Americans are still willing to spend on chocolate, even as higher prices mean that they are getting less for their money.
Purchases of chocolate confectioneries are expected to climb 5.8% this year to reach almost $26 billion, according to data from researcher Euromonitor International. Volumes are forecast to rise 1.9%. That is after a 2.7% drop last year that was the biggest since 2009.
Buying is proving resilient thanks to a phenomenon known as "revenge living," said Carl Quash, head of Snacks and Nutrition research at Euromonitor. Consumers are willing to spend on areas of their life that were affected in the pandemic, like travel and dining. And while lockdowns obviously did not make it impossible to eat candy bars at home, the everyday luxury is still getting swept up in the trend.
So far, higher chocolate prices are the main factor leading to the bigger sales numbers. Data for the 52 weeks ended May 27 showed dollar sales up about 10% from the year-earlier period, even while total volume was down about 4%, according to Nielsen data. People are ready to pay more for their treats, saving the industry from a recession-like crash, such as the one seen in 2009-2010.
Chocolate "plays a really special role for people -- as an indulgence, as a treat and as a reward," said Nick Graham, global head of insights and analytics at Mondelez International, the maker of Oreos and Cadbury. "The emotional value that the category brings to consumers is one that justifies the additional price increases."
It is the latest sign of a splintering in the U.S. economy that is keeping the Federal Reserve on track to keep raising interest rates, despite investor concerns over a slowdown. A solid job market has kept consumer confidence strong, and the U.S. service sector is expanding, led by sectors like hotels, dining and entertainment. But meanwhile, companies like Levi Strauss are struggling with price-sensitive shoppers.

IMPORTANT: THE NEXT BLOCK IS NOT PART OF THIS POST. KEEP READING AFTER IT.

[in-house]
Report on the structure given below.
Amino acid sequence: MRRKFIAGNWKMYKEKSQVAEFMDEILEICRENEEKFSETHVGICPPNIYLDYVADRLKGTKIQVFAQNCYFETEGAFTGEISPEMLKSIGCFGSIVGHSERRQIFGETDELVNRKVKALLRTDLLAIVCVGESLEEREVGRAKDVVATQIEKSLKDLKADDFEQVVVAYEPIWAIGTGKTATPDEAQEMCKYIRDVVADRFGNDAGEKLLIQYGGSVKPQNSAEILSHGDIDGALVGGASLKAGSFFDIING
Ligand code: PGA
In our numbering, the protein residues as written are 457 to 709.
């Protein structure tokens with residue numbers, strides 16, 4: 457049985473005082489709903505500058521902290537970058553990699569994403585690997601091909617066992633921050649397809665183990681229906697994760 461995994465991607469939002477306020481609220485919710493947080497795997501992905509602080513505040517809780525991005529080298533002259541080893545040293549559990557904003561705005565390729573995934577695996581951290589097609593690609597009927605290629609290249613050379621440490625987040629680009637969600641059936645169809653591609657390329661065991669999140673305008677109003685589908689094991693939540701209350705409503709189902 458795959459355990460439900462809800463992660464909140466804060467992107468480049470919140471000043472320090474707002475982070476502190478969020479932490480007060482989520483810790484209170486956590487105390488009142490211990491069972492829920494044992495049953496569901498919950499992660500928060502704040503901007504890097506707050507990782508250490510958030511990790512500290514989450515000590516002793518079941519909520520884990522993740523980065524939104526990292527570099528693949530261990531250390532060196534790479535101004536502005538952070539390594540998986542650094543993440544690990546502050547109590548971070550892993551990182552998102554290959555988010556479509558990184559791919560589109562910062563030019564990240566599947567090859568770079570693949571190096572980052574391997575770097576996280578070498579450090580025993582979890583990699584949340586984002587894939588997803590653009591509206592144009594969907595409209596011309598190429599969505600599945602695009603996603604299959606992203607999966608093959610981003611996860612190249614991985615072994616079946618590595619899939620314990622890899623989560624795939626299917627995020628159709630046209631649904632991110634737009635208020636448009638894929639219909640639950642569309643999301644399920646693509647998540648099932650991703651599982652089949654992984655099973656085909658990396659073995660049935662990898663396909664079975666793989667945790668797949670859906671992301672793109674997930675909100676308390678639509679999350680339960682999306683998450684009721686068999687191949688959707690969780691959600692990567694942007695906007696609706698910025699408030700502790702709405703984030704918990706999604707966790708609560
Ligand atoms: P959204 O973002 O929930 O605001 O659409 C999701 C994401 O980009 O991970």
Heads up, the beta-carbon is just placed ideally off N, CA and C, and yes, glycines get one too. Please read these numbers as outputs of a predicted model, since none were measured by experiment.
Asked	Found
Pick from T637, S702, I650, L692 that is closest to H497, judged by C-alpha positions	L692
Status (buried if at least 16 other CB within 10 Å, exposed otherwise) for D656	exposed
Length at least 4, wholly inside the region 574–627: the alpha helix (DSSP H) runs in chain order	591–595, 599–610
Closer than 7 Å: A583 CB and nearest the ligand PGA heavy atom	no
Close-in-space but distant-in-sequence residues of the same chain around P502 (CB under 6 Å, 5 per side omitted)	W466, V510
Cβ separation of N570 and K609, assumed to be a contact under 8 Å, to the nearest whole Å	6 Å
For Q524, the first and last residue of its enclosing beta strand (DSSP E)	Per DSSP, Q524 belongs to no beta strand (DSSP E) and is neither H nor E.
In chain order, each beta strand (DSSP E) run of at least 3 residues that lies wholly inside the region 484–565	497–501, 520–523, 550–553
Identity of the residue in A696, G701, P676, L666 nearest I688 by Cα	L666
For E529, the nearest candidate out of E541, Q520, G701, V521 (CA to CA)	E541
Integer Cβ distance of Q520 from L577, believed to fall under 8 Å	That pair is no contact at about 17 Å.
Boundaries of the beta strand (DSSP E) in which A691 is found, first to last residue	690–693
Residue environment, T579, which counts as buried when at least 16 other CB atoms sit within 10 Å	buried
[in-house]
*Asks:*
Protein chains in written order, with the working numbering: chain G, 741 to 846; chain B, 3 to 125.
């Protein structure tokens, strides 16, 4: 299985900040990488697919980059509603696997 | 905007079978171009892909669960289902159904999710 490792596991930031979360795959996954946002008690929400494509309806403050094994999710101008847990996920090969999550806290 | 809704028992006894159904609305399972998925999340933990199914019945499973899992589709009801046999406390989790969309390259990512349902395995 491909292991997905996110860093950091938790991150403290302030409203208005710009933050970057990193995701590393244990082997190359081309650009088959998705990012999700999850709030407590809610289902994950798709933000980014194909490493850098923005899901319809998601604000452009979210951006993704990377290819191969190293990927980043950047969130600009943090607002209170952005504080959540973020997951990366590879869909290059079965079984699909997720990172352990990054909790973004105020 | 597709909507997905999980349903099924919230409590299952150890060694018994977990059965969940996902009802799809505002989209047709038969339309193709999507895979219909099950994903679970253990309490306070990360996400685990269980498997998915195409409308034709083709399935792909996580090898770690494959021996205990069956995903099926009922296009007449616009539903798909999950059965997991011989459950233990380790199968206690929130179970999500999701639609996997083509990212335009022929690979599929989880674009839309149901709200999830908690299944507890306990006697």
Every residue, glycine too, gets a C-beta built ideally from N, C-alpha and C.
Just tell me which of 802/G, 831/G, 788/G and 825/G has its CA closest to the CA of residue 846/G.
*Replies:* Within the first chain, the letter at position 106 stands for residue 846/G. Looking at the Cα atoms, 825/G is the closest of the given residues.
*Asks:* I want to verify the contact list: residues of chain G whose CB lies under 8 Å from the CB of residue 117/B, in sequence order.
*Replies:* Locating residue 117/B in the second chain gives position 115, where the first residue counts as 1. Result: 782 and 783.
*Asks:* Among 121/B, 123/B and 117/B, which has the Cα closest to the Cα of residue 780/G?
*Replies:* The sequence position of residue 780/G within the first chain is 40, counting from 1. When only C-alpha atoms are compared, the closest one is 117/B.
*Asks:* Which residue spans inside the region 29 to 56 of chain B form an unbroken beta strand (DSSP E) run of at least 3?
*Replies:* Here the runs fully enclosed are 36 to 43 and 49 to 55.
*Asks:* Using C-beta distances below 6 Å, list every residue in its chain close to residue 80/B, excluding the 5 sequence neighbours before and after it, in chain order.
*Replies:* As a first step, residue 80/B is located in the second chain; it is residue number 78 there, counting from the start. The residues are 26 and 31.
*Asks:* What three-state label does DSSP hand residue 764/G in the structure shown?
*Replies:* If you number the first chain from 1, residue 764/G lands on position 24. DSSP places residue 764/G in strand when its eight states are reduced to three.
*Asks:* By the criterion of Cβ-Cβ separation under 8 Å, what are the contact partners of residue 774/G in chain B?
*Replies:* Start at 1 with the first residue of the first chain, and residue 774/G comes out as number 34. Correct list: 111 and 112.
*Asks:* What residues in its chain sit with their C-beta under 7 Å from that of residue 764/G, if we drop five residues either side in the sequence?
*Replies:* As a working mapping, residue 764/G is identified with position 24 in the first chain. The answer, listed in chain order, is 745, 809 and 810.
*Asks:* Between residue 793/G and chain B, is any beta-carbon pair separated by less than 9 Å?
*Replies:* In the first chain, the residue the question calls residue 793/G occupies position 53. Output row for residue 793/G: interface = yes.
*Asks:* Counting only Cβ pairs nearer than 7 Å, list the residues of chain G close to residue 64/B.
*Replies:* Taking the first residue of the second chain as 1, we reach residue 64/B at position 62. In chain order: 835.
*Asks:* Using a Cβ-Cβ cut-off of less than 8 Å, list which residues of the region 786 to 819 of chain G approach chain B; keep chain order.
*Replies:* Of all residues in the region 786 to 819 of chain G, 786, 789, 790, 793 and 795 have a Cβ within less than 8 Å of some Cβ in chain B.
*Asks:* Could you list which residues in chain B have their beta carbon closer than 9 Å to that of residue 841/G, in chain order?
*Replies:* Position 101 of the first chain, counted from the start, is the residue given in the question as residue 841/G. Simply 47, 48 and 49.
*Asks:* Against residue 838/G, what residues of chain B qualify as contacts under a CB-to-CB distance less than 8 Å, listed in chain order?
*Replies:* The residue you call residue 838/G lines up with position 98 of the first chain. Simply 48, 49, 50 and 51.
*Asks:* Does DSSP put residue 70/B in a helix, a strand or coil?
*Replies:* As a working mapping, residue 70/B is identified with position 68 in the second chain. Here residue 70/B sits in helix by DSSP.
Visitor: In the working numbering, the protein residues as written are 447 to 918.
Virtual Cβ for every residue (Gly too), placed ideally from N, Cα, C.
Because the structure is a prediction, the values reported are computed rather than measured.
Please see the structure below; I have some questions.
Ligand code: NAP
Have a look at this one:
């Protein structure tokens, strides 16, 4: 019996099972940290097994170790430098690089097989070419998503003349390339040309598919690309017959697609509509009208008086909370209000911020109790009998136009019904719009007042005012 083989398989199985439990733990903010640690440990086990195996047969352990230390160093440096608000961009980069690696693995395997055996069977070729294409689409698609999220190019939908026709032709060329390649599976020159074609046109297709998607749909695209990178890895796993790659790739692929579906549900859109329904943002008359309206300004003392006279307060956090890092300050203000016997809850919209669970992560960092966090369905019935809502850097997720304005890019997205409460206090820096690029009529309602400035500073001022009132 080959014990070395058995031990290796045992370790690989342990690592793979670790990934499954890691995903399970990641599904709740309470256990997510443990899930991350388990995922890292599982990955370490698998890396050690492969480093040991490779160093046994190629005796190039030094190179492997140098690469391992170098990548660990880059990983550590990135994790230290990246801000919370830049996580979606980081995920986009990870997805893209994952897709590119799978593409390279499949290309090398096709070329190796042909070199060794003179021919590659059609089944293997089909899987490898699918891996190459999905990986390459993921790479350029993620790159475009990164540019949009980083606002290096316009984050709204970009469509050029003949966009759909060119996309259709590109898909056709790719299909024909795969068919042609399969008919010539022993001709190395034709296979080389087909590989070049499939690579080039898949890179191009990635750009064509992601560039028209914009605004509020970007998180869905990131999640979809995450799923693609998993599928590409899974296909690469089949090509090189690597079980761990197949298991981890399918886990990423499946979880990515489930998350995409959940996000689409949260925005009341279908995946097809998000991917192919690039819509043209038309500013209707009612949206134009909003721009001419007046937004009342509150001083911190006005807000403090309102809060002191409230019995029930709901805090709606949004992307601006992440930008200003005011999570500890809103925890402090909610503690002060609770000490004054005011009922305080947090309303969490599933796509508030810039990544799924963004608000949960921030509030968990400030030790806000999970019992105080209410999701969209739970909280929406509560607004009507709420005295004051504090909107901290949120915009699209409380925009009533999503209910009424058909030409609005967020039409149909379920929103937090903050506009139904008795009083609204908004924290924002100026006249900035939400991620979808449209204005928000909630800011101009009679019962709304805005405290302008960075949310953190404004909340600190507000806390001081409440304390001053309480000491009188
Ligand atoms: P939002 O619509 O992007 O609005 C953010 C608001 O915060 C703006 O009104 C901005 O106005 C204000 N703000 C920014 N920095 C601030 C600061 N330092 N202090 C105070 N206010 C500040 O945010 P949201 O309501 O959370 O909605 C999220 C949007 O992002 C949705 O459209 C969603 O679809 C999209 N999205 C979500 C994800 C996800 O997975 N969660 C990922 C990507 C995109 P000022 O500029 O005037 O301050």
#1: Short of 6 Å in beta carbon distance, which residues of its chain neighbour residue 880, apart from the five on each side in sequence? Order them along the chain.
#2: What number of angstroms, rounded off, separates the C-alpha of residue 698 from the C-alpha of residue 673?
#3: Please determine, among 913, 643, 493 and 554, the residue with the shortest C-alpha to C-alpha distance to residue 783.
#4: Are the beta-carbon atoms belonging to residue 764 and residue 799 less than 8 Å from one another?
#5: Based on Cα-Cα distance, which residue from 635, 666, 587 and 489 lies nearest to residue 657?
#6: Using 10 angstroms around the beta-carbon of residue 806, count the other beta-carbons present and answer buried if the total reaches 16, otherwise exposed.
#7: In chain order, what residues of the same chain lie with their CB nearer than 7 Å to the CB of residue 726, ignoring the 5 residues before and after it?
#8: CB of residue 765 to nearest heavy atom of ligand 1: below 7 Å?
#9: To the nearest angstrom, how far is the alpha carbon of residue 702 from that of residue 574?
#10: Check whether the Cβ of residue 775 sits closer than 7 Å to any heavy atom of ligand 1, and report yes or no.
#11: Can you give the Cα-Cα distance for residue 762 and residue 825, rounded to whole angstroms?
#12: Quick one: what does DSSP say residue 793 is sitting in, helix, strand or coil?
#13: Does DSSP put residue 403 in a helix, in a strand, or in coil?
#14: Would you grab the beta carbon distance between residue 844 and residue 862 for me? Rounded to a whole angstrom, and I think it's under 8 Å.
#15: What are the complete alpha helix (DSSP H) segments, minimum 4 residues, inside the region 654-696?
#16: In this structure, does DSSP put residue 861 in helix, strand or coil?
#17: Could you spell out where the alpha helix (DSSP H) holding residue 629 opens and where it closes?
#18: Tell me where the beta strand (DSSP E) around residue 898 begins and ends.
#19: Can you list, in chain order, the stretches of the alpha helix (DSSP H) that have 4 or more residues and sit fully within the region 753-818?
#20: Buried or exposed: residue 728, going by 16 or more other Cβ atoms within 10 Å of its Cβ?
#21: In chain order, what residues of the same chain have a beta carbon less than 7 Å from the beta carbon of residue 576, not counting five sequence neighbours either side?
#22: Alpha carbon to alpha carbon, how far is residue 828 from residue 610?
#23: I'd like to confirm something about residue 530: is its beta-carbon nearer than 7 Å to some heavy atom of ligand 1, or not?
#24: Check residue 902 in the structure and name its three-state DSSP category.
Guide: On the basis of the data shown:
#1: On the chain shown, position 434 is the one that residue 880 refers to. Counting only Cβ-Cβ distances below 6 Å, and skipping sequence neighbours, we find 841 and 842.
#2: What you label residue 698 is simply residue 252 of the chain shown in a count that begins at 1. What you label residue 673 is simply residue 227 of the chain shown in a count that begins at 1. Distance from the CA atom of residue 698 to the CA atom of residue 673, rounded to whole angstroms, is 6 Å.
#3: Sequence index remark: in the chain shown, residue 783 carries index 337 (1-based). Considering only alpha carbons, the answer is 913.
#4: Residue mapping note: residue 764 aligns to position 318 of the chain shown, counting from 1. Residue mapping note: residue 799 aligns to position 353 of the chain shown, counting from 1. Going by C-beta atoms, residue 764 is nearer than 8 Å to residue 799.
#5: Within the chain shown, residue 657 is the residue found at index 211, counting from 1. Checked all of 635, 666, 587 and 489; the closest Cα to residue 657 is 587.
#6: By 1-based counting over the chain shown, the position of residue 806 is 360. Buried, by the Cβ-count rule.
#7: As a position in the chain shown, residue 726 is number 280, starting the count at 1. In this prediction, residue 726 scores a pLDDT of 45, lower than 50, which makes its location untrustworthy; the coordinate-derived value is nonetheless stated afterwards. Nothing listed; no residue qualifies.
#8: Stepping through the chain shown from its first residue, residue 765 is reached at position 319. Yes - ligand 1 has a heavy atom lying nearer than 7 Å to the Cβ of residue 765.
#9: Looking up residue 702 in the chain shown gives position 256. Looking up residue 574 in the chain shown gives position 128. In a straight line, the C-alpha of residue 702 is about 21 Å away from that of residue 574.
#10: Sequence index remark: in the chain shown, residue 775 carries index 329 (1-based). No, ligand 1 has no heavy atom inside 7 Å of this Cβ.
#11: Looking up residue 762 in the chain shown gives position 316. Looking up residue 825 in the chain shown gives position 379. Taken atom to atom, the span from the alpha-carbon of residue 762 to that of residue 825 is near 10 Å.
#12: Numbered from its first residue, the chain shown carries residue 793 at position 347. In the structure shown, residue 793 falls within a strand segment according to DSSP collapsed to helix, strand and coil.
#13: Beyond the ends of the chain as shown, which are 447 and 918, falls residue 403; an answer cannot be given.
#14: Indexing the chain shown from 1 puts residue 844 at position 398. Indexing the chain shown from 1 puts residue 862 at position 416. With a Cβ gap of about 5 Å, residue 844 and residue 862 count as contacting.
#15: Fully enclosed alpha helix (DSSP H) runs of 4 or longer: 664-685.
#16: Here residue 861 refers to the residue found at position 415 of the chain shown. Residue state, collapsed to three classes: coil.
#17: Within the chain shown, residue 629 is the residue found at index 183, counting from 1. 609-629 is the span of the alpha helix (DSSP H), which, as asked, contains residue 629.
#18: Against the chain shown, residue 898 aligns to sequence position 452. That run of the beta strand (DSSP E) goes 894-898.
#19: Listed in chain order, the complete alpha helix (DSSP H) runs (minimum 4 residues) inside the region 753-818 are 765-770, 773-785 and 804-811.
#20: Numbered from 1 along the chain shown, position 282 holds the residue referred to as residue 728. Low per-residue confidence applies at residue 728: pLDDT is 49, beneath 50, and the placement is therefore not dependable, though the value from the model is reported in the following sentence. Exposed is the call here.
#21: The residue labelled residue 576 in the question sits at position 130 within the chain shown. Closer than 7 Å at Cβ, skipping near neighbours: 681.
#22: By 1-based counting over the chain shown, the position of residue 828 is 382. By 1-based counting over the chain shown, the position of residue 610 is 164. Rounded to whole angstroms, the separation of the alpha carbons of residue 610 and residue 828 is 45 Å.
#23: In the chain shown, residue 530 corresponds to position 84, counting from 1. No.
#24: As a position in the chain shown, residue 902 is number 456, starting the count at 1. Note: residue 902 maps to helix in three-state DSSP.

Consumers are "making up for lost time," said Quash of Euromonitor. "They couldn't go out and travel, do activities. And a lot of these things are really conducive for chocolate moments."
The demand is helping to shield chocolate makers from rising cocoa costs amid shrinking stockpiles. Cocoa traded in London, the global benchmark, has jumped about 20% this year and is trading near a 13-year high. Prices traded up about 0.7% on Monday.
An El Niño weather pattern risks further disrupting global production, and top growers Ivory Coast and Ghana have already sold a large part of their crop for next season.
"Obviously, it's a big challenge for the coming months, and we are monitoring the situation with a lot of attention," said Catherine Bertrac, a senior vice president at Ferrero, who works on the Kinder brand.
Some health-conscious shoppers are also growing more worried about sugar consumption. In response, chocolate makers are marketing products like bite-sized bars for portion control.
Mondelez is "really responding to the need and desire that consumers have," said Graham. "They want the chocolate experience -- they just want it a more controlled way."